The new sci-fi horror movie Extraterrestrial is a well-directed movie with nothing to say. Written by Colin Minihan and Stuart Ortiz -- better known to horror fans as The Vicious Brothers -- but directed by Minihan alone, Extraterrestrial offers some impressive visuals in the service of hardly any story. It's a slick movie that looks more expensive than what I'm assuming its modest budget would suggest, but that's the best thing I can say about it.
Brittany Allen plays April, whose plans for a weekend away at a remote cabin in the woods with her boyfriend Kyle (Freddie Stroma) are interrupted when he invites their mostly obnoxious friends along. Things get even worse when an alien ship crashes in the woods and the group is forced to try and survive the night against an attack with unknown motives and an unknown outcome. Gil Bellows, Emily Perkins and a welcome Michael Ironside show up to lend the movie a bit of extra genre cred, but none of their characters or their performances add up to much. With the exception of one big moment, their scenes exist almost entirely independently and could be removed without affecting the larger narrative at all.
Everything from the look of the spacecraft to the design of the aliens themselves -- long and slender and green and big-eyed -- feels unoriginal. There's a long section near the beginning (the first appearance and discovery of the ship) that plays out through a character's camera, because found footage is a thing. The technique is never used again, but lingers too long in this instance to be ignored, like the movie can't decide exactly what it wants to be. It just feels like a couple of filmmakers hedging their bets and playing it safe with most of their choices when that's the exact opposite of what they should be doing. Why not use their obvious technical skills and small-scale terror to explode the familiar tropes of the alien invasion genre? Instead, it's a movie that feels like too many others. Jason Eisner covered this exact same territory -- and better -- in about 20 minutes in last year's horror anthology V/H/S/2. At 100 minutes, there's a lot of time for Extraterrestrial to spin its wheels.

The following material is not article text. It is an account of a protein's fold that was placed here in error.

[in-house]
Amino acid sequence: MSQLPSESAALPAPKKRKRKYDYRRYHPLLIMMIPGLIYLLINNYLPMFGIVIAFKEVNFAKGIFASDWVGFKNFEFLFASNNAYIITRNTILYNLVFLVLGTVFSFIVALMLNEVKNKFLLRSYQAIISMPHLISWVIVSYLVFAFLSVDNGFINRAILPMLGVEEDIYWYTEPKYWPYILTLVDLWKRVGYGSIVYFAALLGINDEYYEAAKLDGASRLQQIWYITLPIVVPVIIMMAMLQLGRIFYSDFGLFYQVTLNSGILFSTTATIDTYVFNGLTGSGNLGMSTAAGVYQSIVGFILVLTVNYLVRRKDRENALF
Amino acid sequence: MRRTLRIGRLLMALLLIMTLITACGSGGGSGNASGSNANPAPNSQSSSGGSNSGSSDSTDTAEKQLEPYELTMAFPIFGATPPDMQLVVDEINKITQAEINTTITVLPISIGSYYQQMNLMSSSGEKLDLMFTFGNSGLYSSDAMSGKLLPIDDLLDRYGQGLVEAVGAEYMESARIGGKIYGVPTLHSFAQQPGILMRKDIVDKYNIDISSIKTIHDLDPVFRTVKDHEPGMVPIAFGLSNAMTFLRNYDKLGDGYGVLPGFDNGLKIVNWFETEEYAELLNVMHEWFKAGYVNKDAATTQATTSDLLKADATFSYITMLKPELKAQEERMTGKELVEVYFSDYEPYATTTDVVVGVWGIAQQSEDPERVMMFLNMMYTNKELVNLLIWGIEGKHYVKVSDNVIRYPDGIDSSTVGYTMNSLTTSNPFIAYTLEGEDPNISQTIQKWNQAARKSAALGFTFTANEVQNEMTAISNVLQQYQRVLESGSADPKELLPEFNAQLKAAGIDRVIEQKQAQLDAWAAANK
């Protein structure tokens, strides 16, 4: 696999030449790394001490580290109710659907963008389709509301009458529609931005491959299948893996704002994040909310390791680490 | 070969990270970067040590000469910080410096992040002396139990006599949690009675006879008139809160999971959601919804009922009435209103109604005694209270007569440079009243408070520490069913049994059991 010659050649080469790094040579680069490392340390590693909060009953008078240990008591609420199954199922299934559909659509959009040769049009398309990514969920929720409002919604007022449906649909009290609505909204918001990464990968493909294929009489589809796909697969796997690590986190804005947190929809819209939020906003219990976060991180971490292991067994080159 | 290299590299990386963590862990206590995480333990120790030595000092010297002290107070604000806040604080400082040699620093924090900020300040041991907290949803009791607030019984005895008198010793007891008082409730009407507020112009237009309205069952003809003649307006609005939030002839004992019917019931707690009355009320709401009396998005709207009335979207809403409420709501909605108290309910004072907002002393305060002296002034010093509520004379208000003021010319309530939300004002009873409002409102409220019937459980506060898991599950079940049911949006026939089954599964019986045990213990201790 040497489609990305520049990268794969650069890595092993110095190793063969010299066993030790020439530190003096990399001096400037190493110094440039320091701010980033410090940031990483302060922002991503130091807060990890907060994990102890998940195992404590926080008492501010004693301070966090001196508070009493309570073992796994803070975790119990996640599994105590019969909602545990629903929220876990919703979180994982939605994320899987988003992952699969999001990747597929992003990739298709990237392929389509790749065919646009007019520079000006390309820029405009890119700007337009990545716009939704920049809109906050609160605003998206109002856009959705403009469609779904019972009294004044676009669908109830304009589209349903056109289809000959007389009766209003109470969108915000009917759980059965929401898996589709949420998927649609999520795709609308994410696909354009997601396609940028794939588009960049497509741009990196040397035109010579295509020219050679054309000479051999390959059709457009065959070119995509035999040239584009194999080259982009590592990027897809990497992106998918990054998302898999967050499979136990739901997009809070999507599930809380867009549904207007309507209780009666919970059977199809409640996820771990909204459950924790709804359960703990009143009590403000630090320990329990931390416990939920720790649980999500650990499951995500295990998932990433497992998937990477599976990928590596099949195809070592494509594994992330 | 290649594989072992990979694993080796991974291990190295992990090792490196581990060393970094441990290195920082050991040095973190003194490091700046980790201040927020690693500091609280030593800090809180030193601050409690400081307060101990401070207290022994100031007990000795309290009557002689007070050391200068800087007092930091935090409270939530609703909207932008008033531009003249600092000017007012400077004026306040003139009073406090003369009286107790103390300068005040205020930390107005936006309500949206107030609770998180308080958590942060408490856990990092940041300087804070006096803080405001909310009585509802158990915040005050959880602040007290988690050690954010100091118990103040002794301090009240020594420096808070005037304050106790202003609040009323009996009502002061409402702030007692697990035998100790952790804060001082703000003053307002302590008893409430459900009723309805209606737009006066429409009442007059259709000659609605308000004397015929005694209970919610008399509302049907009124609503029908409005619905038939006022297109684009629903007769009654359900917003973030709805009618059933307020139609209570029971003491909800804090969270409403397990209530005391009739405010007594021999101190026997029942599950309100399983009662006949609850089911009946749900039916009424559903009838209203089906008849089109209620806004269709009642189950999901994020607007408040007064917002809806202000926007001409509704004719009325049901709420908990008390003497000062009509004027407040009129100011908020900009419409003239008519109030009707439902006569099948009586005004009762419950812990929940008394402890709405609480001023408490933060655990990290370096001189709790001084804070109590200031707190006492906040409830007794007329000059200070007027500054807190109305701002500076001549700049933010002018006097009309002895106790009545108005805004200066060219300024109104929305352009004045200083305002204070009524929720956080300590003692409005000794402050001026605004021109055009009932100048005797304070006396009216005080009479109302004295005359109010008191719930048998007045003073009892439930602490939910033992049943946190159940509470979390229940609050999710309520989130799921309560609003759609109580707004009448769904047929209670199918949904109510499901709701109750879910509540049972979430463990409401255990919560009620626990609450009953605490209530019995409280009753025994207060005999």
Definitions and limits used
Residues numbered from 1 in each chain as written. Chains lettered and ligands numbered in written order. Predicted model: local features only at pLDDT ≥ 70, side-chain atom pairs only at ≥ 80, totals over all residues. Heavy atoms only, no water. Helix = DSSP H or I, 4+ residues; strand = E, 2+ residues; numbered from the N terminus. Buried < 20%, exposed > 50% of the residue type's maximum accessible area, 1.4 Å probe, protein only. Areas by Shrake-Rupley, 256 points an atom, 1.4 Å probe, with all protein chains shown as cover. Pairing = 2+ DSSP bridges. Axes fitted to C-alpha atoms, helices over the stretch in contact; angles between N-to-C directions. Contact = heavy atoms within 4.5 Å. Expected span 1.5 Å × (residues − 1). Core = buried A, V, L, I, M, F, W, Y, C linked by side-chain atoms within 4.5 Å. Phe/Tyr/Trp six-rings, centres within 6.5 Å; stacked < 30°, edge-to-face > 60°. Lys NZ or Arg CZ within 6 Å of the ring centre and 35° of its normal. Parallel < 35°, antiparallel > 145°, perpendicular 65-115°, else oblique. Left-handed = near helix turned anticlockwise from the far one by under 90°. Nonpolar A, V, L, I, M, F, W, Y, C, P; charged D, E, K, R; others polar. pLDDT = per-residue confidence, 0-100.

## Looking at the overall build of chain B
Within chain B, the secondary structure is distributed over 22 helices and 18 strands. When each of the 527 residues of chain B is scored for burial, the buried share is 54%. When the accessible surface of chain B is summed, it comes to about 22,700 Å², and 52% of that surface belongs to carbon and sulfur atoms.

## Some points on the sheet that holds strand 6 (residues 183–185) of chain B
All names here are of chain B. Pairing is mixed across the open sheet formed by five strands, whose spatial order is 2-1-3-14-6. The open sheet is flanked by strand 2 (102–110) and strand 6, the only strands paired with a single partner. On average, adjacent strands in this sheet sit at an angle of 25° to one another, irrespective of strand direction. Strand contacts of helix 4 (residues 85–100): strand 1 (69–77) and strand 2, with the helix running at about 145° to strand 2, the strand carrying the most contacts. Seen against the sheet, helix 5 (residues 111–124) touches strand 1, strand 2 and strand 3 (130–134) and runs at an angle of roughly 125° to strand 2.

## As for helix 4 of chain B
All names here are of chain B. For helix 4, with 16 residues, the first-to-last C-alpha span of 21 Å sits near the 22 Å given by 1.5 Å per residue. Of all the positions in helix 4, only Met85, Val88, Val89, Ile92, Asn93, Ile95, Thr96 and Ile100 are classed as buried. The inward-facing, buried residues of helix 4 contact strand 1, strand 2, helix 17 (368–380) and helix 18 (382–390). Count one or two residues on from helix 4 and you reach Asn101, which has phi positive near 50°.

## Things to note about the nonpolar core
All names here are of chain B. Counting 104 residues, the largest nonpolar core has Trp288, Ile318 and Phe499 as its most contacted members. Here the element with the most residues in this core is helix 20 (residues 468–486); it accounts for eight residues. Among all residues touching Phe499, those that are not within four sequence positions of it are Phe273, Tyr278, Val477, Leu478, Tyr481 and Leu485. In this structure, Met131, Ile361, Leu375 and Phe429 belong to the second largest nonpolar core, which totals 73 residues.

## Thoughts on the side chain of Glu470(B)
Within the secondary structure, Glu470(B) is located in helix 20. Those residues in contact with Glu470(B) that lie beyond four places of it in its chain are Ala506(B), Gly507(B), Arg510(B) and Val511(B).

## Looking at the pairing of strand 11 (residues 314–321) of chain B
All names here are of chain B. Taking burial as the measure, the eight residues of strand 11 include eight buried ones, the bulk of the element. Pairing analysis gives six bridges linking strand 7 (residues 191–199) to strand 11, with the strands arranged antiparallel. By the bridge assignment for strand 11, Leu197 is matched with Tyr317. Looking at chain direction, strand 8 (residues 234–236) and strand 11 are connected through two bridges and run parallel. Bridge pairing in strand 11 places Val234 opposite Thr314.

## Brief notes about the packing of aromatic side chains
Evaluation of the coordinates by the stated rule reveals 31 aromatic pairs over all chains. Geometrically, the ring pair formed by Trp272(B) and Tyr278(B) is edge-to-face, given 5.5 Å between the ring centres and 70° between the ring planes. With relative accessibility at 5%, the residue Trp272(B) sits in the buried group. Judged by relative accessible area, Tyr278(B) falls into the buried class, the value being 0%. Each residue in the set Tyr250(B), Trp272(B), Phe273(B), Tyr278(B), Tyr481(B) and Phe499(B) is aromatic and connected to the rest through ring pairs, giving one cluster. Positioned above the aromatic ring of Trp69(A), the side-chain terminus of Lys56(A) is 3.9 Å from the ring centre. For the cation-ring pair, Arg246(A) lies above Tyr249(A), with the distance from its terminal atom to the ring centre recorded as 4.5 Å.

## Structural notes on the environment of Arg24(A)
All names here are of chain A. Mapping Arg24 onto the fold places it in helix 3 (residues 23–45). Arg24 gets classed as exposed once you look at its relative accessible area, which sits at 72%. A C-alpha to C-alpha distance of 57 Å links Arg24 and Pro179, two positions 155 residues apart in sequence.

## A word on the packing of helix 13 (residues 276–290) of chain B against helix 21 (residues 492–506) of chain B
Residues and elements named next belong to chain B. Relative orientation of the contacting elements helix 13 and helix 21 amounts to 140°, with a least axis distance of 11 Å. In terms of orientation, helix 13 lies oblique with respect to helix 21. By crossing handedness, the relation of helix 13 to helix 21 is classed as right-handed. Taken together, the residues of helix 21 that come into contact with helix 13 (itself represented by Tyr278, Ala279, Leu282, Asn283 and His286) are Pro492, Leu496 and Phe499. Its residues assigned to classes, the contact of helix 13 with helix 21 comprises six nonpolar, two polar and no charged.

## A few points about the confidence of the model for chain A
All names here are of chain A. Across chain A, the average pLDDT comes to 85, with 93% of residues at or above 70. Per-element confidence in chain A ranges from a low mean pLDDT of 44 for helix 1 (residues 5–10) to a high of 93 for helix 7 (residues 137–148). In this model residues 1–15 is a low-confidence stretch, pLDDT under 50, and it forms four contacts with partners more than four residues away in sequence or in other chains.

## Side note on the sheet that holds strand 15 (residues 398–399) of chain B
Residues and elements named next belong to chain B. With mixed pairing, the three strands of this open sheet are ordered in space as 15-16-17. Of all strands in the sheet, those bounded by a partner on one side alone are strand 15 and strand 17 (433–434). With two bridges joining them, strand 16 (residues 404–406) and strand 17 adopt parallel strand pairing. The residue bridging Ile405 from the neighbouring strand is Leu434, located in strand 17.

And spin its wheels it does. This is what I like to call a Run Around movie, in which characters just run from place to place with little sense of purpose or momentum: they run from the house outside, from outside back to the house, to the car, away from the car, back to the house and on and on. Maybe it's supposed to create a sense of chaos and panic, but it also disrupts any sense of dramatic structure. A never leads to B never leads to C, and the result feels like a story without any kind of a plan.
There aren't any established rules, either. Sometimes the aliens abduct people. Sometimes they let them go. Sometimes they physically attack people. Sometimes they use mind control and make people hurt themselves. Usually they don't. Everyone acts according to what serves a scene in a given moment whether or not it fits into the larger narrative. Much of the movie is meant to be scary, but then the Vicious Brothers will toss in a gag that's totally juvenile and clichéd and undermines any tension they managed to establish. There's never a consistent tone.
Extraterrestrial finally comes up with some surprises in its third act, though even some of that stuff feels informed by other movies. The filmmakers stretch -- really stretch -- to force an emotional connection between the audience and the characters, then punch us in the stomach for buying into it because...I don't know...they've seen Night of the Living Dead? There's having a bleak ending and then there is giving the audience the finger because you're not sure how else to end your movie. It's yet another problem of tone, and further proof that the Vicious Brothers either couldn't decide or couldn't get a handle on what movie they wanted to make.
The disappointment is particularly frustrating because Minihan proves he can set up some good-looking shots and stage a few effective sequences -- the elements for a better movie are here, mixed up by confused writing and too heavy a reliance on the familiar. There is so much good indie horror available right now that I can't recommend spending 100 minutes on Extraterrestrial. It's a bummer.